Auckland Airport has put the brakes on its new runway, but John Landrigan finds a sensitive matter is not resolved.
Makaura Marae is located in Ihumatao, Mangere, five minutes from Auckland International Airport. It is a mana whenua marae of Tamaki Makaurau and home to the descendants of Te Wai o Hua. Not far away is Pukaki Marae. Ancestors of both wharenui migrated here in the Tainui waka.
The skeletal remains of 85 of their whakapapa, some 600 years old, were exhumed during earthworks for a new runway more than two years ago. While five koiwi (skeletal remains) were reburied immediately, 80 still lie in a storage container at the airport.
Just what exactly is holding up their burial is apparently of no concern to anybody but people from the marae and the airport.
But others say the plan for the runway to plough through ancient urupa (cemetery) needs to be revisited.
No other koiwi have been discovered. Not because there are no more to be found - some estimate there could be 1000 more - but because building the northern runway was suspended in mid-July.
Airport corporate relations manager Richard Llewellyn says the project has been halted because of extensive consultation with the airline industry.
"That review identified more effective means of managing peak-time capacity on the existing runway, meaning it can handle expected growth for longer than earlier envisaged," he says, adding that it will definitely be needed to cope with inevitable growth some time in the medium-term future.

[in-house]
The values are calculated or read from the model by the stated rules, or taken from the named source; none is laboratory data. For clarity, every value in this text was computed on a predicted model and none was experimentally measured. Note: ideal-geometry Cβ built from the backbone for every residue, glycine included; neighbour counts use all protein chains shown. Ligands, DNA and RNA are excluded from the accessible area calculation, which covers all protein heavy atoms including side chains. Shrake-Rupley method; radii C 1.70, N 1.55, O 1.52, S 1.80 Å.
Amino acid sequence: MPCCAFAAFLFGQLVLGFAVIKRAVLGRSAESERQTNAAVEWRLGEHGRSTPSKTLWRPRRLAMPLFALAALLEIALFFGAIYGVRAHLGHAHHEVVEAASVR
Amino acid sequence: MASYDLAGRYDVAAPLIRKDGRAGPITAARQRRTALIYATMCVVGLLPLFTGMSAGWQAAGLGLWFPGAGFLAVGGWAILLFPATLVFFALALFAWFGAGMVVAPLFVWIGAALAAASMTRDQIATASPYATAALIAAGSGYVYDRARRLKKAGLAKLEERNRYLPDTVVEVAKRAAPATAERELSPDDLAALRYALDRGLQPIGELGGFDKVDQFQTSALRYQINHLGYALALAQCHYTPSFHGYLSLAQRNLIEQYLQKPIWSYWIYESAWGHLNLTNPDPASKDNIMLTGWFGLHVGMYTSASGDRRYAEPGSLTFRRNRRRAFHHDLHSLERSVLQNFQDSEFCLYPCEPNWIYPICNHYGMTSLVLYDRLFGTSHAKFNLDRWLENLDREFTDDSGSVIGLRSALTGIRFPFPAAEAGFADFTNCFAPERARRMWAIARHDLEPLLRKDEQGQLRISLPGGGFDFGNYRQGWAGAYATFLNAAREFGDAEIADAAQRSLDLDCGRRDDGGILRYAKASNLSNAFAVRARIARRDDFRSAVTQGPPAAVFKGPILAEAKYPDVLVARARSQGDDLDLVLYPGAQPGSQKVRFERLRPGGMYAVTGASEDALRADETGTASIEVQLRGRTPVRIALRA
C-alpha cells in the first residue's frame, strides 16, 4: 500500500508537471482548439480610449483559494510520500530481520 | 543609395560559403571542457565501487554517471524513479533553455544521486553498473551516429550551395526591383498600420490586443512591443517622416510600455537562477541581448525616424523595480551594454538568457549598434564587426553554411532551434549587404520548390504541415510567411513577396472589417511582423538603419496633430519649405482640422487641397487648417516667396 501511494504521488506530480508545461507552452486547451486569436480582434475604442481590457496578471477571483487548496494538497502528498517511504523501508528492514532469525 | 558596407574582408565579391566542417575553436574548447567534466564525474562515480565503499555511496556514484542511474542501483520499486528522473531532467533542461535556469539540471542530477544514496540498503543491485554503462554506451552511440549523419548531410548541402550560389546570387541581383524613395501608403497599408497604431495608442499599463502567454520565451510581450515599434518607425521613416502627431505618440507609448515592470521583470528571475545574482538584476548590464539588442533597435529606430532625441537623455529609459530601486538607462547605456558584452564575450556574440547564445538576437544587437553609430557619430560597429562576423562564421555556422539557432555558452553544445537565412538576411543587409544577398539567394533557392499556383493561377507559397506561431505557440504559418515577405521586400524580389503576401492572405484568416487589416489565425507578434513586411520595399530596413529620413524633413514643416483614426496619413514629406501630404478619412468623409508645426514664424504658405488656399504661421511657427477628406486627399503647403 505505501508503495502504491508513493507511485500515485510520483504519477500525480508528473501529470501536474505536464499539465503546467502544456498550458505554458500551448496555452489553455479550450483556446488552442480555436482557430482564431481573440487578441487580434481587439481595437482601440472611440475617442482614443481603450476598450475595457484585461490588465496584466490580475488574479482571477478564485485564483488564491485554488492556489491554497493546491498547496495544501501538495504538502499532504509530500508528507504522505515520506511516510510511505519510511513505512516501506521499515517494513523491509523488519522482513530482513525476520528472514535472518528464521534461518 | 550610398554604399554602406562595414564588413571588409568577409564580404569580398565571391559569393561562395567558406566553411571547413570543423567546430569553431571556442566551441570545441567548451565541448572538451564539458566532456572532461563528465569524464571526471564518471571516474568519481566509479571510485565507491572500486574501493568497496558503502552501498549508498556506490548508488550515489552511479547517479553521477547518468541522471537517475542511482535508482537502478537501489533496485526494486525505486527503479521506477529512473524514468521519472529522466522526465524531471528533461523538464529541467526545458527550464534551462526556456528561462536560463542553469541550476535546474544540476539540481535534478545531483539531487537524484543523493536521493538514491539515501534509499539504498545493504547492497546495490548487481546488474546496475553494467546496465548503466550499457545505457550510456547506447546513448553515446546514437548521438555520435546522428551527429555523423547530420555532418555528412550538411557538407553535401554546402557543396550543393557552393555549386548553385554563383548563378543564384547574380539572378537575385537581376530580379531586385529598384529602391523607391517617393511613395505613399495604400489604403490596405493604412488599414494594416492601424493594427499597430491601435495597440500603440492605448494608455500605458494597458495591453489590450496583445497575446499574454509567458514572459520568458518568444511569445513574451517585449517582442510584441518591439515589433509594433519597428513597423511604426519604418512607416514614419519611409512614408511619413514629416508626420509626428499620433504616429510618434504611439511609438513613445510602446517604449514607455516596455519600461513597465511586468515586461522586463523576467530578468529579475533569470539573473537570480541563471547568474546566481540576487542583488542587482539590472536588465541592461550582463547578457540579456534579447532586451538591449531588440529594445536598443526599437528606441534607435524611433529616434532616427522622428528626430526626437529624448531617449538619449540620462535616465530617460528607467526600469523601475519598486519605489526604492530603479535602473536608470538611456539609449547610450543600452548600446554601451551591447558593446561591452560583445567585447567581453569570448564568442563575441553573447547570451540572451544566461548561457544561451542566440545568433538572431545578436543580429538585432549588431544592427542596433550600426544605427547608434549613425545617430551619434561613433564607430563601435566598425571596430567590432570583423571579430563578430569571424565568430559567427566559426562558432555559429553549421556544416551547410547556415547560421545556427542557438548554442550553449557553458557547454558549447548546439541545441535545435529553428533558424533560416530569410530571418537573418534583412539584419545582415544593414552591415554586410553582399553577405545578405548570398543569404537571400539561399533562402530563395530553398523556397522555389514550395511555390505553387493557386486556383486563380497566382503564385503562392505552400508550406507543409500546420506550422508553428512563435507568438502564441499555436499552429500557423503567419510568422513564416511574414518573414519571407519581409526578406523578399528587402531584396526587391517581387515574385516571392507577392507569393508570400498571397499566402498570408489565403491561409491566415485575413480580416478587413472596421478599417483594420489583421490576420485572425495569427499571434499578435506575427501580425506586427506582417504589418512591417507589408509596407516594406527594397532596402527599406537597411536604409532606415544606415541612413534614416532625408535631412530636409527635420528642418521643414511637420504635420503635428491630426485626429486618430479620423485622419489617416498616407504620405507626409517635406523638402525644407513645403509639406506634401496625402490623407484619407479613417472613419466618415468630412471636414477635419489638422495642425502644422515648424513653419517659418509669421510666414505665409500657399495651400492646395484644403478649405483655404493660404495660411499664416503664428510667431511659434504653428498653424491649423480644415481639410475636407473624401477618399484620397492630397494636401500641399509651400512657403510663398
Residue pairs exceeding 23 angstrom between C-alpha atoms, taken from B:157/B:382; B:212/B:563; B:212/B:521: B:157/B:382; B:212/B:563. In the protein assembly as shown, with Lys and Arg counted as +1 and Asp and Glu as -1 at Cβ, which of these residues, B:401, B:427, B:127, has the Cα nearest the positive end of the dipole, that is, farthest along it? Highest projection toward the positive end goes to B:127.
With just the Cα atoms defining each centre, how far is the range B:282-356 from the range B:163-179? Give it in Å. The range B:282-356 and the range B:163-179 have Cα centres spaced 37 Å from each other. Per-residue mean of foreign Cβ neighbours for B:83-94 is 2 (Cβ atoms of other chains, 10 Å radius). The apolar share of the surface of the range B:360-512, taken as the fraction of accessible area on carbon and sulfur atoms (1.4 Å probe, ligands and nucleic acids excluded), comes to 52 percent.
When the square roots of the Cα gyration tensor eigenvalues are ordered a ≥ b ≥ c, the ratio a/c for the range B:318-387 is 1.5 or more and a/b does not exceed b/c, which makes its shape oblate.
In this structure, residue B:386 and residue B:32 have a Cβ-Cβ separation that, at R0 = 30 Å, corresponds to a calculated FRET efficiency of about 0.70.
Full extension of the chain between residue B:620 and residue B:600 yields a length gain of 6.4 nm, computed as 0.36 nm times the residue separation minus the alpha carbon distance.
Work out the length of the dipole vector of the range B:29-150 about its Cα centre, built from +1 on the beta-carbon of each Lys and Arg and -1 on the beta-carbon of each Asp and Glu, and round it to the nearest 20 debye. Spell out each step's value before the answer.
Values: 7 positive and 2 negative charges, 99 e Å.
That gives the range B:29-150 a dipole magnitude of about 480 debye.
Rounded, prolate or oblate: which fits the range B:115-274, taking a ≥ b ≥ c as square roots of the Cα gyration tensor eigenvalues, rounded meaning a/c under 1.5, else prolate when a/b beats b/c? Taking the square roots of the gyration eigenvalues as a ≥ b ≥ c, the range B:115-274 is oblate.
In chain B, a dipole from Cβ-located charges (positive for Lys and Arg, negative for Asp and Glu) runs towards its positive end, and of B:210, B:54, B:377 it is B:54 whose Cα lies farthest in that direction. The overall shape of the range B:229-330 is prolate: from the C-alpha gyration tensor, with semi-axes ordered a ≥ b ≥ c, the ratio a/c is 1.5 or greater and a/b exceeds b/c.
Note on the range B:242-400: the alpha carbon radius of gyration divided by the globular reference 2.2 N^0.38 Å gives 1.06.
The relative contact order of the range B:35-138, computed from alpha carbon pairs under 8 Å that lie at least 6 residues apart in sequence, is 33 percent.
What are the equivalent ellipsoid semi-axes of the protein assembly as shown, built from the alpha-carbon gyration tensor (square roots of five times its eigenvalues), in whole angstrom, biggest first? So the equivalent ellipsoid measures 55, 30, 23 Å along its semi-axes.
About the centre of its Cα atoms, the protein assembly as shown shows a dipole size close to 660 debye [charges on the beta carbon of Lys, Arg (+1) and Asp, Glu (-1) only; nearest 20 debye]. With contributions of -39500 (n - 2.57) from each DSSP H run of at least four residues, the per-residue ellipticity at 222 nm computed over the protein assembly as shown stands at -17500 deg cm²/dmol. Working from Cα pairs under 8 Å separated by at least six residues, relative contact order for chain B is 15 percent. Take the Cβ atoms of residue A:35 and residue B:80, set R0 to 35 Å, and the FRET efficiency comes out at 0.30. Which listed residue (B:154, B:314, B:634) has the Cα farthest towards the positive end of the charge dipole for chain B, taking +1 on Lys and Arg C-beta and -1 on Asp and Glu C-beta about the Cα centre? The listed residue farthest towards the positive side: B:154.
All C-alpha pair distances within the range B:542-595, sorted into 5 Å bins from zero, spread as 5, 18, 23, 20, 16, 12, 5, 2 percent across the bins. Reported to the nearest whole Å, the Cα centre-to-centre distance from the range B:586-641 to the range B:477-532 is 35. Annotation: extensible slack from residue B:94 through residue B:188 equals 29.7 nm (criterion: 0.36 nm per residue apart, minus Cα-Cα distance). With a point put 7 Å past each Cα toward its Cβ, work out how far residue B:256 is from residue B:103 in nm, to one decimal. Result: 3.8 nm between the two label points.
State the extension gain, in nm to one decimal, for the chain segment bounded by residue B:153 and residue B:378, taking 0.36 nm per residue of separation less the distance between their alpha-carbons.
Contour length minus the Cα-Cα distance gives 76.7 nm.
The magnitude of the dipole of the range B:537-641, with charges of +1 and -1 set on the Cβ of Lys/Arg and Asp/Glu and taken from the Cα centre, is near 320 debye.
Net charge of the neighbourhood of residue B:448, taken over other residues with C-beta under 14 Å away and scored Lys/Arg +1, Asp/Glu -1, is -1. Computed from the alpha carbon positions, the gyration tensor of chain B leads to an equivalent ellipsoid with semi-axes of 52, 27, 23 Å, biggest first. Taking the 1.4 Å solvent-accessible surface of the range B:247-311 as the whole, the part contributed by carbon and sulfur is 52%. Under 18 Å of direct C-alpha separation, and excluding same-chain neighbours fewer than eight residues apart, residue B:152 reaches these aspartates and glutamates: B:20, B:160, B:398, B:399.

Auckland University Maori studies lecturer, Ngaha Arapera of Ngapuhi, is not directly involved with the negotiations but says it would be "careless" and "foolish" to continue digging without further discussion.
"Ploughing on through without regard seems insensitive.
Maybe this is a time for the airport authority to think again.
"Why does it need to be built on that site?
"Protocol would see the remains reburied where they came from."
If both sides have an amicable agreement, the wait could be justified.
"I would have hoped this would have been resolved sooner. Two years seems a long time. Any instance where any graves are disturbed needs to be resolved."
Since The Aucklander raised concerns about storage of the remains in October 2009, Makaurau Marae committee chairperson Janice Roberts says discussions "progress and we are close to a suitable resolution".
Pukaki Marae chairwoman Karen Wilson says: "It's a complex issue with a lot of considerations."
Neither party would speak on the future of the runway or preservation of their ancestors, still undisturbed, until the situation around the burial of those already exhumed is sorted.
The Aucklander, however, believes other people who can trace their whakapapa to those ancestral graves, and many other New Zealanders, would be shocked to learn of the time-lag - especially those who greet and farewell relatives at the airport, unaware of the remains of 80 people stored for so long in a packing case nearby.
The saga continues despite pleas 10 months ago from Maurice Wilson, a kaumatua from Makaurau Marae, saying the storage is "disrespectful" and "the remains need to be in a urupa soon"; and Mr Llewellyn saying the matter needs to be resolved "as quickly as possible".
Mr Llewellyn would not comment on what's held things up but insists resolution is near.
"We have been involved in ongoing consultation and discussions with local iwi to find an appropriate place to re-inter the koiwi."